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Money saving: a student guide

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 Undergraduate Kirsty Cameron offers up some money savings tips to fellow students.

So what do students blow their cash on? Yes, you've guessed it– alcohol, travel, food, accommodation – but not necessarily in that order.

As a student myself, and about to enter my final year, I know that budgeting can be tough. But there are a few sneaky ways to make sure you're left with some money (and dignity) at the end of the year:

Book travel in advance

Most people know that by obtaining a young person's railcard, you automatically receive one third off all rail travel, but you can lower your costs even further by booking in advance.

I know it's often hard to know what you are doing next week, let alone next month, but a lack of organisation costs. To give you an idea, a Virgin train from Leeds to London will only cost you £10 if you book a month ahead, while setting you back more than £50 if you book on the day. You can travel from London to Manchester with Megabus for the ridiculously cheap price of £1 if you book about six weeks early. If you know you are heading home for a specific weekend, be prepared.

Free rides

I arrived at university with wheels and I quickly found myself ferrying friends from A to B all too often for free, with the mindset that

"they'll pay me back later". Oil prices are rising again, so if you have a car, ensure people contribute to petrol costs if you give them a lift.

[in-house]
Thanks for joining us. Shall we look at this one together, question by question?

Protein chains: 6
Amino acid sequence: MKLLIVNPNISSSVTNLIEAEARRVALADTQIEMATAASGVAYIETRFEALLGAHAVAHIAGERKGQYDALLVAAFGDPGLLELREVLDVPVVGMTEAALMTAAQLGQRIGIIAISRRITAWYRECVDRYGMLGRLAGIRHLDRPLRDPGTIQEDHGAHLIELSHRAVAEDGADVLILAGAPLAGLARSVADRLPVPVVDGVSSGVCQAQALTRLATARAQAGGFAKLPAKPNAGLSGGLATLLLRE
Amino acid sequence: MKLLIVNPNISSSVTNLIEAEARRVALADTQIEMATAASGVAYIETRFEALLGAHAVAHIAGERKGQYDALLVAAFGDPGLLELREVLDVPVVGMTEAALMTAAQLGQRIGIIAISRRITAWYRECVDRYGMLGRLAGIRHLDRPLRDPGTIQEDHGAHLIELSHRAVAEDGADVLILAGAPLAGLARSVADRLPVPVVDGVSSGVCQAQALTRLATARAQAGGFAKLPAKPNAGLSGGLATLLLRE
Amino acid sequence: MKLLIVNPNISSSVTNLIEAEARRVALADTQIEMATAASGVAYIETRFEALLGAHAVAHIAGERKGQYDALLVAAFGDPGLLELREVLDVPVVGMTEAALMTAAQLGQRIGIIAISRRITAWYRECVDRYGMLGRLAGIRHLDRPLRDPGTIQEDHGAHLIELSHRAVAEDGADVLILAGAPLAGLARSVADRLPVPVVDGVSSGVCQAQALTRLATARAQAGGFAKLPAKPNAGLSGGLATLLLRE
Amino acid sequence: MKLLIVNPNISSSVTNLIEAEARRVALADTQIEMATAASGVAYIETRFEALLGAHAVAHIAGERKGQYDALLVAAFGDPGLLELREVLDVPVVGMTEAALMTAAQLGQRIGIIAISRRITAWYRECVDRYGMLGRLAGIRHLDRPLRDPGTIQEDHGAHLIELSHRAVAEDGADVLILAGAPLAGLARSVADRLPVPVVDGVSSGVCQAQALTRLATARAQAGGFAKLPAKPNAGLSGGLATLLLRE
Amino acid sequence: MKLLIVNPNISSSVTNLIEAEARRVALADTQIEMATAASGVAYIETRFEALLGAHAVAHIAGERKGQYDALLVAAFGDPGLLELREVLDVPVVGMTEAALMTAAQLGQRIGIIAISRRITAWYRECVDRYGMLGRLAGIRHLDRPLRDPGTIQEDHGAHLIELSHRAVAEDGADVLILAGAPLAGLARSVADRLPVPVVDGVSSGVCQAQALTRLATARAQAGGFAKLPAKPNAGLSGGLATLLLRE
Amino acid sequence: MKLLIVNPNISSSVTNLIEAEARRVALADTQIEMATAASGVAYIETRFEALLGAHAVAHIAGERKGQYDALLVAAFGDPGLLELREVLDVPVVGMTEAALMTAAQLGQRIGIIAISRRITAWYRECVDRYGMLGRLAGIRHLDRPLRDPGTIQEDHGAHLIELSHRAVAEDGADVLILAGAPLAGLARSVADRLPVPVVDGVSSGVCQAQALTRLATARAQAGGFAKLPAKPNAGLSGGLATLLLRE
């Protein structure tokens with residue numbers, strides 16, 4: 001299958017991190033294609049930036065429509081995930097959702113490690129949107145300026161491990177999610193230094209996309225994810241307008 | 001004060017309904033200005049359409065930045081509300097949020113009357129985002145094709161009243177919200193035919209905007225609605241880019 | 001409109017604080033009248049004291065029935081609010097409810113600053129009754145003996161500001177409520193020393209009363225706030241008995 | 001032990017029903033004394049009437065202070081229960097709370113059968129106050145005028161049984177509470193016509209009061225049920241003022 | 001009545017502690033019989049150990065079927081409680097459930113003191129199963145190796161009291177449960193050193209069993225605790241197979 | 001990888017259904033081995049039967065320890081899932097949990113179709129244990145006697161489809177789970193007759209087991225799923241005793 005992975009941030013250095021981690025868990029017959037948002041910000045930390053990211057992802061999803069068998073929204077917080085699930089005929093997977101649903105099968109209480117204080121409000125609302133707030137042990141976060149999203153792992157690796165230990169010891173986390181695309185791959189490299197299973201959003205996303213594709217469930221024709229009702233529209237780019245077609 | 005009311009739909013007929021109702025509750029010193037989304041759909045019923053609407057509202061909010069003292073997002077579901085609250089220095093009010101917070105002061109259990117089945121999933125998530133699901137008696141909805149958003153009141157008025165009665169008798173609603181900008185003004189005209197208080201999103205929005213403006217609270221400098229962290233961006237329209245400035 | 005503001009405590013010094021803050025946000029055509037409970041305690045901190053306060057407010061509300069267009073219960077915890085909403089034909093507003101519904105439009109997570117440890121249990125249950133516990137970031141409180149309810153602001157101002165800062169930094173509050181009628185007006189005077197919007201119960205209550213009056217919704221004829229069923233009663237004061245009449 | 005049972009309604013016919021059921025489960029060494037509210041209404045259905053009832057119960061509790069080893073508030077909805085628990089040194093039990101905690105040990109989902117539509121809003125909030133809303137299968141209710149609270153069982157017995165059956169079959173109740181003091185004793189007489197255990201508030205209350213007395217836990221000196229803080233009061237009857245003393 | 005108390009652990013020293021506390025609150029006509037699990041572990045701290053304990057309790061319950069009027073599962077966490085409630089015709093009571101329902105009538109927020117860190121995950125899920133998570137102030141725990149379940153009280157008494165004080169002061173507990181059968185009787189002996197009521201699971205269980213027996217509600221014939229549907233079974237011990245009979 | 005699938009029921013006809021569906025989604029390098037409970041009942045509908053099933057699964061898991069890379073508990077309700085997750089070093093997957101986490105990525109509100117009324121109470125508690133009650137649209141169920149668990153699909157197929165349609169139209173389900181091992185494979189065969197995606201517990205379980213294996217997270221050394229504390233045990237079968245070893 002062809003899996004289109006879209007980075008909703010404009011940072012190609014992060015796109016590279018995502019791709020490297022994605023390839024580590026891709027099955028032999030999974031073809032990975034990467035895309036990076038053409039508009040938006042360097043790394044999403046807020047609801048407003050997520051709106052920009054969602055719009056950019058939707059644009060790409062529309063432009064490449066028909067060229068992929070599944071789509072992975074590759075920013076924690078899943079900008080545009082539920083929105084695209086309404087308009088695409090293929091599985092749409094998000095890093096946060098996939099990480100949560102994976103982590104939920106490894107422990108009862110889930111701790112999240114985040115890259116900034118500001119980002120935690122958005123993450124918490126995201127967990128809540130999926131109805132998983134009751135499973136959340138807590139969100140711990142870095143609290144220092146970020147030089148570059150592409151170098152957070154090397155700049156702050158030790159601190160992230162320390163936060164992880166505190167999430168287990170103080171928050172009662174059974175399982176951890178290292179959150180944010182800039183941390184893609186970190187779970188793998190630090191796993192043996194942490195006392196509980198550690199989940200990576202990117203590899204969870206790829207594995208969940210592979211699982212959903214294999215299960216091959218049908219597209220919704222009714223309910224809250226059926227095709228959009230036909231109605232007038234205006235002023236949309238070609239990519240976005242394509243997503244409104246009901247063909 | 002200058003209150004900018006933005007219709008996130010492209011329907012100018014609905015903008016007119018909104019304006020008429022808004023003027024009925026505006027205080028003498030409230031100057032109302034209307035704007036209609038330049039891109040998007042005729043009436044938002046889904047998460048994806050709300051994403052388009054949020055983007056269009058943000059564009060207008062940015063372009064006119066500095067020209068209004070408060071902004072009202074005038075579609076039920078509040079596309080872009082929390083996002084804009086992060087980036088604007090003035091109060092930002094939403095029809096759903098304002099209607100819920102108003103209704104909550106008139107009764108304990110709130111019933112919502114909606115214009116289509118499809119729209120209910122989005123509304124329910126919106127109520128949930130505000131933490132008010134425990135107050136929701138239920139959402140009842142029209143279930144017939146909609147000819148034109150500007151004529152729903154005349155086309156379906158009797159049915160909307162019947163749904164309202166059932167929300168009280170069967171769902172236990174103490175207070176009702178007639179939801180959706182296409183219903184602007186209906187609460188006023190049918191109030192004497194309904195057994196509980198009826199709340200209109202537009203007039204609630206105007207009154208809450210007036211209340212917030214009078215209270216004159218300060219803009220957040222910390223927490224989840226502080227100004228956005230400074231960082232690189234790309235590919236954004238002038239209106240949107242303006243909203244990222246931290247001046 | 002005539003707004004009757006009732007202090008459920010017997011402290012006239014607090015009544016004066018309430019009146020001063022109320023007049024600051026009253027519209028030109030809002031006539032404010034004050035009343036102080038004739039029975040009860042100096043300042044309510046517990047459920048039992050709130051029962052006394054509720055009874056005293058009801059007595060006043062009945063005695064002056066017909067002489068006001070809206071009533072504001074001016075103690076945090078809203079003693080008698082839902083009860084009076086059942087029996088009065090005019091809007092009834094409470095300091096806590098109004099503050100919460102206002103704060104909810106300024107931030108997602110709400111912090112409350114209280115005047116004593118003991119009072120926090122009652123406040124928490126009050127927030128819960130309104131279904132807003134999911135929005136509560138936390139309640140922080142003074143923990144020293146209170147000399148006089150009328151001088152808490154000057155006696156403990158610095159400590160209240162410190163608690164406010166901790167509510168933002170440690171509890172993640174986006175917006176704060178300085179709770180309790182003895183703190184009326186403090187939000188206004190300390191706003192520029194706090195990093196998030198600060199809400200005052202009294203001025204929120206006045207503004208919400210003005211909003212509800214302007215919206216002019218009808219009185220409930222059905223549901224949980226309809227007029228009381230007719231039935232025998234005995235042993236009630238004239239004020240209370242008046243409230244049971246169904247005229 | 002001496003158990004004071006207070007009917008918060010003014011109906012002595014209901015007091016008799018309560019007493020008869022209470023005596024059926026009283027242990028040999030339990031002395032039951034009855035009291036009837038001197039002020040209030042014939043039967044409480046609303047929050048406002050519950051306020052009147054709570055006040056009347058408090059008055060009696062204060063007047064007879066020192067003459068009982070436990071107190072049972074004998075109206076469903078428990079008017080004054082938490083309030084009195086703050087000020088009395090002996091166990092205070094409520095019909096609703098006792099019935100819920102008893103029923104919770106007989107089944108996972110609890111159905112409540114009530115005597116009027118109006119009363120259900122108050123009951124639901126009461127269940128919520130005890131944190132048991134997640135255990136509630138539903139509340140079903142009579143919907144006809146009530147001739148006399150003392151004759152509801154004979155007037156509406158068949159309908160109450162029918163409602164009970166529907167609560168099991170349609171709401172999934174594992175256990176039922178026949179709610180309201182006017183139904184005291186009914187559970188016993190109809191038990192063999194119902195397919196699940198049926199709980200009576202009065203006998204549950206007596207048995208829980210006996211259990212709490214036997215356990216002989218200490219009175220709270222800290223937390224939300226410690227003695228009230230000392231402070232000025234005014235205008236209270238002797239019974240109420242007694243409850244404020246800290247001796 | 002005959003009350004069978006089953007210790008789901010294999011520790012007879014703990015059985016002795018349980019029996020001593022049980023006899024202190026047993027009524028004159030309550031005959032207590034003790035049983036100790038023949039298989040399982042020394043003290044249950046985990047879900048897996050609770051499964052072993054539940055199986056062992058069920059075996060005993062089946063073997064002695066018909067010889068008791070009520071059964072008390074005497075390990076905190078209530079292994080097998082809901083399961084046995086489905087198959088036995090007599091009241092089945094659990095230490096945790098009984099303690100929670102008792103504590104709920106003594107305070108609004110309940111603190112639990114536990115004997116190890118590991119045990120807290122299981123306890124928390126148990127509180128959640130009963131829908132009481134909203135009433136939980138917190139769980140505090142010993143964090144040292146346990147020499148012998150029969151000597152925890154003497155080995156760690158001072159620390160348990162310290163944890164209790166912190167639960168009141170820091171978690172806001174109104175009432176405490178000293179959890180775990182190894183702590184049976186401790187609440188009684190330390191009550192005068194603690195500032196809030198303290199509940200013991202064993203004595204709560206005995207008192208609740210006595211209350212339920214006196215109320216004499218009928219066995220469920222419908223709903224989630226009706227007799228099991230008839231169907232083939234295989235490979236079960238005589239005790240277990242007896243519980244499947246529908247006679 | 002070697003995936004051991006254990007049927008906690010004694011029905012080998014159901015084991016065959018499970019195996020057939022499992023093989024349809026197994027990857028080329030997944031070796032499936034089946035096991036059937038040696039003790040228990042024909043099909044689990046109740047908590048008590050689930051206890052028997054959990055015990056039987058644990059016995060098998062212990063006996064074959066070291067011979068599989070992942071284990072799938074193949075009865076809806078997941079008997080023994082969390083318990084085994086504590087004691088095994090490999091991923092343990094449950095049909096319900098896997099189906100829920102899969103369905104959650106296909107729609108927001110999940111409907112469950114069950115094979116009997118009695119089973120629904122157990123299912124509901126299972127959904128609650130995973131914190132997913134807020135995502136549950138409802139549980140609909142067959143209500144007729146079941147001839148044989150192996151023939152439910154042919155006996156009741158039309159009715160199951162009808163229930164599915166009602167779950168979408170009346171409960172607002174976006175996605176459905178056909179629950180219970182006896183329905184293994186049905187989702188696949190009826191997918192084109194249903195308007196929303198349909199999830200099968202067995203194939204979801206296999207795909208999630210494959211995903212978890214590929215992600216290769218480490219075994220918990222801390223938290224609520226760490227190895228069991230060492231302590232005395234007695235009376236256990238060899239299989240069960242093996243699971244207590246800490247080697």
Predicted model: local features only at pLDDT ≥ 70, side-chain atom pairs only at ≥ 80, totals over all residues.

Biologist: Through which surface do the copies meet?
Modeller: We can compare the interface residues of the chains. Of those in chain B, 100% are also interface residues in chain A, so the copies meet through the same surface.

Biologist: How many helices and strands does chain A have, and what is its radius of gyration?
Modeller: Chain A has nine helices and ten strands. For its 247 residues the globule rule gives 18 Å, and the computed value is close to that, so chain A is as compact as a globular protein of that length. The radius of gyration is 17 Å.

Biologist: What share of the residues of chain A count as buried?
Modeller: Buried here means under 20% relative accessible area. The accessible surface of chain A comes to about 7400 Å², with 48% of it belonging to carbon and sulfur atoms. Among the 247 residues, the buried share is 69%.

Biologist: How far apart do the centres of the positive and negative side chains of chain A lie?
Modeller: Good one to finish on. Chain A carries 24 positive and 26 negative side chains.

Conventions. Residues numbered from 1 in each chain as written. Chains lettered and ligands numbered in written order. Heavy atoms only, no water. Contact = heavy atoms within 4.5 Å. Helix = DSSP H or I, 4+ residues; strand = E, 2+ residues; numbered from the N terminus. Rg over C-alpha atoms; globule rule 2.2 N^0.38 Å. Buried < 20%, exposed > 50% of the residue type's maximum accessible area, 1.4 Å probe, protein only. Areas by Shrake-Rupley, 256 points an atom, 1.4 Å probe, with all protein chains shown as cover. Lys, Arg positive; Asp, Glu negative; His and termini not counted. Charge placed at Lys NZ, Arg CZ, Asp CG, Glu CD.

Even better, if you're the active type, or even if you're not, get a bicycle. It's free and chances are, quicker than the bus. If you are a student in London using public transport daily, you would have to spend £98 monthly to travel in zones one to four. Using a bicycle as much as possible could save you £1,176 a year.

Stick to the list

In our first month of living together, my five housemates and I spent an embarrassing £200 each on food and drink – £1,200 altogether.

There were a couple of reasons for this. First, we never stuck to the shopping list, but would end up strolling the aisles haphazardly adding pointless items such as endless condiments and herbs that sat in a cupboard for the rest of the year.

Second, we all thought meat was an essential part of every meal. Plan your meals carefully and only buy what you need. Try to buy the cheaper store brand when possible. Buying your food and cooking it together as a house is far more economical and enjoyable than hoarding your own food stash in a plastic bag in the fridge.

Go vegetarian

In a moment of financial crisis, going vegetarian can be a massive cost-cutter. A meat-free diet may not sound appealing at first, but there are some great vegetarian recipes online at sites such as www.jamieoliver.com. The amount of free time students have is staggering, so use it to make an exotic new dish.

Find discounts

If you are going out for a meal, the internet abounds with discount vouchers that halve the cost of your meal. Tootsies, GBK and ASK all have offers www.vouchercodes.co.uk/restaurants .

Make the most of your student card by finding the latest deals on www.studentbeans.com – it has offers such as two for one cinema tickets, 50pc off selected fashion retailers and even a half-price eye test. The Bargain Hunter page in Your Money regularly lists discounts and vouchers; it's on page 10 of this section today.

Beware too much booze

At four in the morning it seemed like such a good idea to blow your remaining £30 on a round of tequila slammers. But your hangover will be even worse if you've got money problems to worry about as well.

While boozy nights out are an integral part of many students' lives, bouts of memory loss and an empty bank account don't necessarily equal a good night. Party within your funds and within your physical capability – it's actually not as much fun as it sounds to hit the town every night of the week.